Government backs ticket pricing reform and Great British Rail but will York become the GBR HQ?
The Government is committed to creating Great British Railways to oversee our train services.
That means York is in with a chance of being the location for the new HQ. We should know if the city’s bid has been successful by Easter.
Rail fares will fluctuate based on demand under a trial also announced by Transport Secretary Mark Harper.
The cost of travel on some London North Eastern Railway (LNER) services will be more or less expensive depending on how many seats have been filled.
It has echoes of Uber-style surge pricing, where fares on the taxi app go up when demand is greatest.
This is an attempt to better manage capacity while also raising revenue, the Department for Transport said.
Mr Harper confirmed plans to expand single leg pricing across the entire LNER network, which runs between London King’s Cross, York and Edinburgh on the East Coast Main Line.
That means a single fare will always be half the cost of a return. This is something already available at Leeds, Newcastle and Edinburgh but not York, Selby, Harrogate or Northallerton. Many one-way fares will be almost halved as a result of the reform, according to the DfT.
LNER, a publicly owned operator, has trialled single-leg pricing on some of its routes since 2020.
The DfT said it will consider rolling out the system across all of Britain’s rail network depending on the success of the extended pilot scheme.
Delivering the annual George Bradshaw Address to rail industry leaders in central London , Mr Harper said the country’s rail network was “not fit for purpose” and was “financially unsustainable”.
He added the industry had only survived since the pandemic due to the “public purse”, with taxpayers funding more than 70% of the sector’s income over the past two years and at a cost of £1,000 per household.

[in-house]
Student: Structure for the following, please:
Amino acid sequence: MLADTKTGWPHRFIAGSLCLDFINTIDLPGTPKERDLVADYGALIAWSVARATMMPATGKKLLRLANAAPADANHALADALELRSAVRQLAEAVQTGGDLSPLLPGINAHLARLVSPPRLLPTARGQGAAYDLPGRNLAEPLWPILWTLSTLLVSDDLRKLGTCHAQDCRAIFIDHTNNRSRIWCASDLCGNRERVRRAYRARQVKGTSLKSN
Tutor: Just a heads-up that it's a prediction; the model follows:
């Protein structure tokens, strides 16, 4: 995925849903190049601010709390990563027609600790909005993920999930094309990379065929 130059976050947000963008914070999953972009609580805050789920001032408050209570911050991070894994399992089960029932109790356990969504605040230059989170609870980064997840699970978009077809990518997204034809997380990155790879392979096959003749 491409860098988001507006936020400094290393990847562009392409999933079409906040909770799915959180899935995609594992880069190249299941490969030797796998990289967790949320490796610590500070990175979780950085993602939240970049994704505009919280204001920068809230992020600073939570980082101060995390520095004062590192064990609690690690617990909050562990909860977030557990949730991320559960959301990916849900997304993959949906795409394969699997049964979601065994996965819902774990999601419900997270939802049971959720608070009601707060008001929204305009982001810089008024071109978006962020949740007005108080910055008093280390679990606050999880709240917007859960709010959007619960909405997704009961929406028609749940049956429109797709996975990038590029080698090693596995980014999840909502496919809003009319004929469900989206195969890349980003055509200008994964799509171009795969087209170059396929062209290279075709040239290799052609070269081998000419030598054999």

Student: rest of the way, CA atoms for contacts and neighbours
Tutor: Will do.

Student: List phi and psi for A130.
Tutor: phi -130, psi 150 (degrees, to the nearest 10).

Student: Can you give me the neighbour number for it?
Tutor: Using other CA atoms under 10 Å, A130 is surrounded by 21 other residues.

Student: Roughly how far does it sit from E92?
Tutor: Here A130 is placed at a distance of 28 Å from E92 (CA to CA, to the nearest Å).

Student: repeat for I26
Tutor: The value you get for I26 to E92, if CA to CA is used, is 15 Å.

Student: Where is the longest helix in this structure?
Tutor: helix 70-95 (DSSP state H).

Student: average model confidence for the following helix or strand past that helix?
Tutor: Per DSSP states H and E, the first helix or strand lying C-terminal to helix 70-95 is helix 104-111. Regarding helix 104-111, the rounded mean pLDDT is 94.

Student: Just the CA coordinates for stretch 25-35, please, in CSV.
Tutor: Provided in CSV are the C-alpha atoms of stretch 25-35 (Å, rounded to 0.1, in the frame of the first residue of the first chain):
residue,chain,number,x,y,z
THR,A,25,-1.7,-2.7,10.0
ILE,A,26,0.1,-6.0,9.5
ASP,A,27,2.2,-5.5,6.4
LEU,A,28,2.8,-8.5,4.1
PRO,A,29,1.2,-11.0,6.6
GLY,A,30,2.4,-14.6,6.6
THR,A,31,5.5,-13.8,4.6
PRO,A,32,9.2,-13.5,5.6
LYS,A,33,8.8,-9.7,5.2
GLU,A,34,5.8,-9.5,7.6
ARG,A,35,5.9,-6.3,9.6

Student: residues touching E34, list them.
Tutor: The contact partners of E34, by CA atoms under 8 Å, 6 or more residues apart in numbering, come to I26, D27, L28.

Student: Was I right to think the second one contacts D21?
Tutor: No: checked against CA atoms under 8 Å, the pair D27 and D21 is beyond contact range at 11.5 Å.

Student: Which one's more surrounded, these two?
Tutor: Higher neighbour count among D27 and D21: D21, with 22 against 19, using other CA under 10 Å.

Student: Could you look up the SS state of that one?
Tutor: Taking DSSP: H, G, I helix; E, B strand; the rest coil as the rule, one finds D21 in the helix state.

“It isn’t fair to continue asking taxpayers to foot the bill,” he said. “Many of whom don’t regularly use the railways.”
Mr Harper insisted the creation of GBR did not amount to nationalisation, or a return to British Rail – instead pledging to “enhance” the role of the private sector in running the country’s railways.
York was named as one of six cities shortlisted to host the Great British Railways HQ.
But then the idea was – like so many trains – delayed.
Mark Harper also said he wanted to support more Open Access operators too,.
He said the likes of Grand Central at Thirsk and Northallerton and Hull Trains at Selby had been successful and offer services to London from places either infrequently served or ignored by the main operators.
“We will support more open access services where it benefits passengers and taxpayers. We’ve seen this work well with Hull Trains and Grand Central as well as with Lumo (London to Edinburgh but no calls made at York) on the East Coast Mainline.
“All offering passengers greater choice and more direct links. Open access operators will play an important role in the industry’s future, especially as we grow new markets and make best use of spare capacity on the network.”
Read his full address here
The last train tickets I bought were for a Leeds bound train and cost £9 for a single or £9.10 for a return ticket. That must have being about 2012, they were obviously overcharging for a one way ticket if the return ticket cost just 10p more!